Aubrey: And for each song, we have to stem it out each time. So there’s usually five to ten versions of any song. Just even keeping track of that, and then we have almost 50 songs-

Slumber: Whoa, sorry to interrupt, but that’s a lot of songs!

Rohan: It’s probably more than that.

Aubrey: Yeah, we had to make a spreadsheet, because it was too hard to even remember what we had done.

Celina: We had phases as a band; there was a phase where it was really rooted in creation, just making and making, and then we started to slowly shift into that phase of sharing.

Rohan: We’ll show you our spreadsheet. There’s 45 in songs in progress in there, and there’s got to be 20 more that are just ideas. It’s fun because naturally, the songs we feel most excited about are the songs that end up being done. The ones we aren’t as excited about are replaced by songs we like more and want to finish more.

And about our technical issues with stems, while at certain times it has led to frustration, getting locked into these decisions is freeing, almost. You have to come to terms with things, get past your holdups. When we first started this project, we all expressed similar sentiments about having trouble finishing work. Pieces were always 80% done or whatever. Personally, this has just solved that issue, and it’s very freeing in that sense.

Also, by the way, Discord is pretty incredible. It’s definitely the best tool we use.

Celina: Yeah, because we have all these different channels for different purposes. The weekly meeting channel is this thing that just exists, you can pop in, pop out. Everything is in the same place.

Slumber: It’s also a unique way of using Discord. I know Discord as these huge servers with hundreds of gamers all chatting at once. Using it for a small group seems ingenious to me.

Tom: You can take a lot of stuff from the computer science world, like using Discord to organize a remote technical team, using tools like Asana to mark progress. We can pull from the technical field because we’re forced to hang in the technical field.

Sonja: We’re also very thankful to have a computer scientist [Tom] in our group.

Slumber: So aside from the music itself, y’all are making tiktoks, album art, all this promo content. How did you decide on your aesthetic for that?

Sonja: Pretty wholehearted discussions and dialogues.

Rohan: All of our decisions as a group are made by the group or with everyone’s input who wants to have input. So all the marketing we talked about as a group at some point.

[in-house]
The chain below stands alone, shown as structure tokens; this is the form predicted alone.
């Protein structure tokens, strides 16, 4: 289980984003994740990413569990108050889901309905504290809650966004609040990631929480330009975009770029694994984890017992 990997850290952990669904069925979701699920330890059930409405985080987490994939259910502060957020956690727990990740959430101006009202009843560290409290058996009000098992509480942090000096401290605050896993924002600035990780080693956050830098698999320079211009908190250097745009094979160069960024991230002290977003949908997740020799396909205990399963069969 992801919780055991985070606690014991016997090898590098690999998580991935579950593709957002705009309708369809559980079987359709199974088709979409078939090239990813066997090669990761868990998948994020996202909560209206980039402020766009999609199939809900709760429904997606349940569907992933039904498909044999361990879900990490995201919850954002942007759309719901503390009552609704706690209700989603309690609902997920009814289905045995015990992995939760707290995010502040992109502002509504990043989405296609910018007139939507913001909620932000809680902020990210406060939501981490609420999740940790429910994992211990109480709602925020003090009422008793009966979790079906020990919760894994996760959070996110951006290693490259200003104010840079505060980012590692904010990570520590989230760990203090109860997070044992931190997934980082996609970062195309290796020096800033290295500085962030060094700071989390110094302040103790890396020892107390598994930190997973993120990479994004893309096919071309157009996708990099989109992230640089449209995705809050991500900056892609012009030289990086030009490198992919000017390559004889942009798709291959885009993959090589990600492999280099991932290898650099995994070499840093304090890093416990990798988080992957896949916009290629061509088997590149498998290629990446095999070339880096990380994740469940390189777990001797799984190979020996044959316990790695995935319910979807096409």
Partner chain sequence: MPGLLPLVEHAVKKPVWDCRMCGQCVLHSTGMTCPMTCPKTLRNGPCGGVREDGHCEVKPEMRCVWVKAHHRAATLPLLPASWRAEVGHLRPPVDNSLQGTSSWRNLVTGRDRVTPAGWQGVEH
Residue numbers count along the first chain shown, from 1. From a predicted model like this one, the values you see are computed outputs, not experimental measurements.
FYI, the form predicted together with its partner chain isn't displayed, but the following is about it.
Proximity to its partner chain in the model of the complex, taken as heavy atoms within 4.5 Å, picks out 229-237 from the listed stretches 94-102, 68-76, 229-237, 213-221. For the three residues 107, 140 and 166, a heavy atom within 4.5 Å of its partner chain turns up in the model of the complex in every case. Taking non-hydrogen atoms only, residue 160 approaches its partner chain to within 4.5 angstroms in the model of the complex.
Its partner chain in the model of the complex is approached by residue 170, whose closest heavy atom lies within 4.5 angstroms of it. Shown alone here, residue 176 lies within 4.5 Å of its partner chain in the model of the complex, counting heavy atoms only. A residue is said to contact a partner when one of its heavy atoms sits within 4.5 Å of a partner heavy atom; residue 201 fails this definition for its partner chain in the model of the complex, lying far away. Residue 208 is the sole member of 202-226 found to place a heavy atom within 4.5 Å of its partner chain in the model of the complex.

Aubrey: Partially, in quarantine pop fashion, it developed in response to the fact that we can’t take photos with each other. We needed to figure out some language that would work without any human contact.

The releasing a single every week thing grew out of the idea that… I had thought “I’m gonna make an album,” but by the time I got half the songs finished, I’d given up on the other half. It’s so hard to focus all of your attention on this massive project, whereas if we broke it up into “We only need to really finish one thing every week,” we could.

“We sit down and we look at each other's faces while we're listening to each other's music, and that’s what takes it from being made in isolation...to being quarantine pop, because you get serotonin watching your friends bopping along to some beats you made.”

Slumber: Yeah, I wanted to ask about Milton Mondays. Online, you’ve said you’re hoping to release a song a week “for as long as you can.” Will there be an album of Milton Mondays music at some point, or is that incidental?

Aubrey: That’s incidental. Digital culture or whatever. It’s all built around working remotely, streaming. Singles make way more sense in the age of streaming generally. We’re built around the internet.

Tom: Also, some of the songs may not fit well in a cohesive album, but are still good as standalones.

Kay: It’ll be cool as we release more tracks to see what fits together and how to craft a narrative arc. Which we do think about when releasing these singles; how do we show our range, and how do we shift in tone back and forth?

Aubrey: I like albums to be a cohesive work, somehow. I feel like working the way we are, that would be next to impossible. Everything we do is a beautiful corpse anyway, so it would just be that on a massive scale.

Celina: The way we work is all parts of the process at once, rather than sitting down, conceptualizing, and going in a stepwise fashion. It might be that we find some assemblage of songs that happen to fit together. That would be a more likely way for us to assemble an album rather than having a concept and building on top of that.

Aubrey: If we were able to all write together, in the future at some point, I could imagine us working on a piece like that.

Tom: We could also just pull a Drake and release a playlist, and that’s what it is.

Sonja: We are kind of doing that.

Rohan: It’s given this project such longevity. There’s no end date in sight for anything. We have this very simple goal that we want to achieve for as long as we can. We have a lot of songs to finish, so there’s no reason for us to put out a project and then stop for a while. Singles are the perfect way to release based on the process.

Kay: It feels creatively sustainable. We get energy from working together. I wish I could be doing this full-time. We all have other things going on too. Jobs, school. We all put in what we can when we can, and that’s cool.

Slumber: One more question: do you have “post quarantine” plans as a band?

Sonja [laughing]: 100,000 streams of Milton Keynes.

Rohan: Our ultimate goal is to perform live in Milton Keynes together.

Tom: That and a way better website.

Listen to the official Milton Mondays playlist on Spotify:

Singer Joy is a queer musician, writer, and polytheist living in Providence, RI. She makes flowery anarchist theatre with her company Water House Collective, and is also a professional composer for the stage, a zinester, an erotica artist, and a Gemini.